What are the potential implications of such attacks?

The negative consequences of a hacked eCommerce website are endless. Here are a few that should be taken into consideration:

  1. Mitigation costs: Hiring extra help or shifting focus to manage the attack costs a lot of money. It also takes away from other projects that the website’s development team could and should have been promoting during that time. If the site was down during the time it took to get everything fixed, even more revenue was lost.
  2. Lost sales: Chances are that hacked customers will never return to the website to make another purchase. Considering the fierce competition out there, these customers will find a new home with the website’s competitors rather quickly.
  3. Legal fees: Customers who suffered due to an unsecured website might decide to sue, causing the website’s owners to spend a lot of money on legal proceedings, in addition to damage, if applicable. A recent British Airways attack has led to a ~$203 million fine, so there are regulations to consider as well.
  4. PR management: A hackers’ attack might lead to very bad publicity, causing a PR crisis that influences future revenue and costs money to manage.

To learn more about the real impact hacking can have on your bottom line, check out our detailed post right here.

What can eCommerce brands do to protect and prepare their website for Black Friday and Cyber Monday?

The first and most important thing to do is raise awareness levels by reading articles such as this one. For further reading, visit our blog and learn about the 7 pointers worth paying attention to for the ultimate Magecart and Formjacking protection. Make sure to stay up to date and educated on the latest attacks and methods.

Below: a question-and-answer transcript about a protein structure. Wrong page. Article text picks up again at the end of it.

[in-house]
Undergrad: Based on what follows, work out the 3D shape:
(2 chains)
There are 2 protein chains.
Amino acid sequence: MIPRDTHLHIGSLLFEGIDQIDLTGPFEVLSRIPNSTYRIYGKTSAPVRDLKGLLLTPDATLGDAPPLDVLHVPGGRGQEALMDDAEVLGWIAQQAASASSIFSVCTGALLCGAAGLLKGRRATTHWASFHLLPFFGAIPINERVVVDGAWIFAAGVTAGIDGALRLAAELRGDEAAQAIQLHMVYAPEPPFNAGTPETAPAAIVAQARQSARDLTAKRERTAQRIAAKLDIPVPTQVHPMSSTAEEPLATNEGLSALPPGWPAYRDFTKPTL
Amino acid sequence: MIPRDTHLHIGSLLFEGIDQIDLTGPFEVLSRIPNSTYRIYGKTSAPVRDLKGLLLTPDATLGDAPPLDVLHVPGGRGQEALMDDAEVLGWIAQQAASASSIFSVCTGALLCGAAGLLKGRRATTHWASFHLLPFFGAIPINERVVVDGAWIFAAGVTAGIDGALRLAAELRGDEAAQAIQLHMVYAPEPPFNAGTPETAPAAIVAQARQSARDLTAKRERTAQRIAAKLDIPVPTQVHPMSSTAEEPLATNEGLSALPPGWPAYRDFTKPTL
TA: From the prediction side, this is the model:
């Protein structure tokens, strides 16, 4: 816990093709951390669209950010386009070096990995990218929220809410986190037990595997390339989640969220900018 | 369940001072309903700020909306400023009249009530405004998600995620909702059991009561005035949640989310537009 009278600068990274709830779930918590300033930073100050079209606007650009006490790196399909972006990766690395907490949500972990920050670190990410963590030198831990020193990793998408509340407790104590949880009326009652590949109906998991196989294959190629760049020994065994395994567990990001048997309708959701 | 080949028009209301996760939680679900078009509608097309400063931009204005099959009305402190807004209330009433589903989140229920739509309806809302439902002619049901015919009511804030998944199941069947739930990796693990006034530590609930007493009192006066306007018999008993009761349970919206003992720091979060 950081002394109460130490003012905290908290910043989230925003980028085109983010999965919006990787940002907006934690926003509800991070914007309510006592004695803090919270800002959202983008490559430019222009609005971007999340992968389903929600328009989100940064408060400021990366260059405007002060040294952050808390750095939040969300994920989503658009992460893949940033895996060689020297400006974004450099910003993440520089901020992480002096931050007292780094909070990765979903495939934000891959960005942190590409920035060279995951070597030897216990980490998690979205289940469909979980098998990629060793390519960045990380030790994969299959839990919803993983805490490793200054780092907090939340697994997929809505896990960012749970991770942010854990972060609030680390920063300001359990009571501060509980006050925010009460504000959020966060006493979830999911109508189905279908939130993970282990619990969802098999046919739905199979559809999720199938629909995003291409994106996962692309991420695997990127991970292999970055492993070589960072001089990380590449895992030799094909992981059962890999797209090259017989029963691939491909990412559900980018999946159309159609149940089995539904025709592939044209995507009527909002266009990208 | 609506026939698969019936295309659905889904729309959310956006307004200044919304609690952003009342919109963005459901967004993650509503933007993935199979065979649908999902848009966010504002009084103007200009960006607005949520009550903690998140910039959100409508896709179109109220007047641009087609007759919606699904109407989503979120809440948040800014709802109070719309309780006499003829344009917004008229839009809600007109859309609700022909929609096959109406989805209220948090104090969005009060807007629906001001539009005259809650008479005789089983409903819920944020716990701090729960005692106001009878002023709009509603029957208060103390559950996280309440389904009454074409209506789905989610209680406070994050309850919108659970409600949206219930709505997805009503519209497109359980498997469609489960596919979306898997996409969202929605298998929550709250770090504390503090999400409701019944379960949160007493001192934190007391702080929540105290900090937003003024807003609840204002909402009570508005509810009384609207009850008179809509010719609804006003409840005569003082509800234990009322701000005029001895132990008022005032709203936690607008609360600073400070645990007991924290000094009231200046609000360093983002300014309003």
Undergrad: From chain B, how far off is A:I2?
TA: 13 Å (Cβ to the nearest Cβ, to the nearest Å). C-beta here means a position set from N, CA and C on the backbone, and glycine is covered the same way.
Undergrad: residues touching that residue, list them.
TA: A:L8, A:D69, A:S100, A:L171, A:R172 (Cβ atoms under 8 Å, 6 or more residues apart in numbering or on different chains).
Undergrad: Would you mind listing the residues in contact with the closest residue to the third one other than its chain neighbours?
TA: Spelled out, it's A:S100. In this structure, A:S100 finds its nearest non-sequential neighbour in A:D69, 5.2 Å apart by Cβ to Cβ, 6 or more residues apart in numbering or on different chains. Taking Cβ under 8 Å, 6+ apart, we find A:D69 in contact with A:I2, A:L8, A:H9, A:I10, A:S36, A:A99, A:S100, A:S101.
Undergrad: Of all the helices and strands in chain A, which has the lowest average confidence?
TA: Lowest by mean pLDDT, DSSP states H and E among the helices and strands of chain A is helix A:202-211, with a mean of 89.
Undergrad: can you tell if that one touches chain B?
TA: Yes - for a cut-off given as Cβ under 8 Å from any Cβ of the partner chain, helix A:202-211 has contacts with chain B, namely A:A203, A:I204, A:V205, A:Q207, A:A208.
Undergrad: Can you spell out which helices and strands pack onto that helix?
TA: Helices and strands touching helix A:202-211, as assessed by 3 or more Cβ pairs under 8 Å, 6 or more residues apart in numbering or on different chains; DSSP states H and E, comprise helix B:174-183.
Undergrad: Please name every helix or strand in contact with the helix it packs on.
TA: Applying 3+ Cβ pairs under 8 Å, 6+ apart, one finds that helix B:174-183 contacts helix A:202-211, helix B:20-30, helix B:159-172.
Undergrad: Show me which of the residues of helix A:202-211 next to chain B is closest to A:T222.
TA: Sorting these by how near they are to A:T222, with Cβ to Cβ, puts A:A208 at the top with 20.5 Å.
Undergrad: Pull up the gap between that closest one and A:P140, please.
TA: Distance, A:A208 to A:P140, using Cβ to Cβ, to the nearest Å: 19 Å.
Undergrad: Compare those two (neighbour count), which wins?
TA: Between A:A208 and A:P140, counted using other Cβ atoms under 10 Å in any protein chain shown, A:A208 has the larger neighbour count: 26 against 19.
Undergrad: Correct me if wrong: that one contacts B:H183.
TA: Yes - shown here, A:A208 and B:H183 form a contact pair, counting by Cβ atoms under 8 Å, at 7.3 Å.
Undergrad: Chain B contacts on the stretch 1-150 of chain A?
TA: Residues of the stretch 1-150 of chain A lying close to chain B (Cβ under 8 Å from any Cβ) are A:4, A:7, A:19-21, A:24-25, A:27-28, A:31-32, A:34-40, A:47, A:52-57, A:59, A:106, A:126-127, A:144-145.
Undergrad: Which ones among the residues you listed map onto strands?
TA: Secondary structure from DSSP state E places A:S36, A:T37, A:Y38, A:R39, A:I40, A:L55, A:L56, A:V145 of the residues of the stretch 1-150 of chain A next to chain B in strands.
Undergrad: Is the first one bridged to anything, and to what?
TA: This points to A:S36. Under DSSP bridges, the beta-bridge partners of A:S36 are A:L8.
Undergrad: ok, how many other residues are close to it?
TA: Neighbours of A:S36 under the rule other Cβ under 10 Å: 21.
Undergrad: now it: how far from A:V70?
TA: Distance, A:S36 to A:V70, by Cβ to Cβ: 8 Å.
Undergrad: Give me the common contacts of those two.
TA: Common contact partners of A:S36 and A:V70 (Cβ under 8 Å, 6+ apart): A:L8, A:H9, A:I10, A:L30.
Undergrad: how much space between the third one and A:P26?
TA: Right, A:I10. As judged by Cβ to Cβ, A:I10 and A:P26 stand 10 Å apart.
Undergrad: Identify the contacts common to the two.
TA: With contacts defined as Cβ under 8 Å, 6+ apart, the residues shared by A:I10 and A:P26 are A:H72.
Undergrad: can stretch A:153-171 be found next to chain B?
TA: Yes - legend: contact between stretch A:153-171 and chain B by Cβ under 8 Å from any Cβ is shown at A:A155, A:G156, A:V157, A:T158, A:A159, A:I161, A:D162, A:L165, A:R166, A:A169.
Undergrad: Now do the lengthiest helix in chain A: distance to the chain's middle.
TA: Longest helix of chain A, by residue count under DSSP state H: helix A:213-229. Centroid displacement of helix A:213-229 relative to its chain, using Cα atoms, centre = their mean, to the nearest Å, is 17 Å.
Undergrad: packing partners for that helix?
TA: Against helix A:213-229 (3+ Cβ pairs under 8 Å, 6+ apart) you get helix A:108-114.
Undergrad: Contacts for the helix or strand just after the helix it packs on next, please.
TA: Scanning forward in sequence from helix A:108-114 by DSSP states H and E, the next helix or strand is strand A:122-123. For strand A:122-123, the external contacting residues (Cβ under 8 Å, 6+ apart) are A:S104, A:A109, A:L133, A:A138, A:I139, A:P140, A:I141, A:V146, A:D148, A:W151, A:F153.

Second, consult with experts and conduct a thorough audit to see if your website and any 3rd party features meet the necessary security standards. Discover weak spots on your website which could demand some extra attention. There are a few protection approaches to combine or choose from. Here is a brief overview of these alternatives, to get you ready for such a discussion:

  1. Content security policy (CSP): Forming a whitelist of approved domains to determine which 3rd party code will be included on the website. CSP usage often limits website functionality and agility levels.
  2. Subresource integrity: Asking suppliers to provide their code in advance and studying it in ways that detect unwanted changes. This solution might fail to prevent 4th party attacks and can also limit website functionality.
  3. Application security testing: Carefully testing each line of code to alert of any suspicious behavior. This solution is not recommended as protection against Magecart attacks and 3rd party tools.
  4. Real-time JavaScript Sandboxing: Based on predetermined guidelines, the web server monitors and manages every interaction between each direct or 3rd party tool and the browser in a secured environment. while the website continues to work uninterrupted. 

Holidays present a wonderful opportunity for eCommerce websites, just as long as they come prepared. This year, don’t let hackers rain on your parade and prepare both your stock and your security measures to offer customers the best deals under the most secure conditions.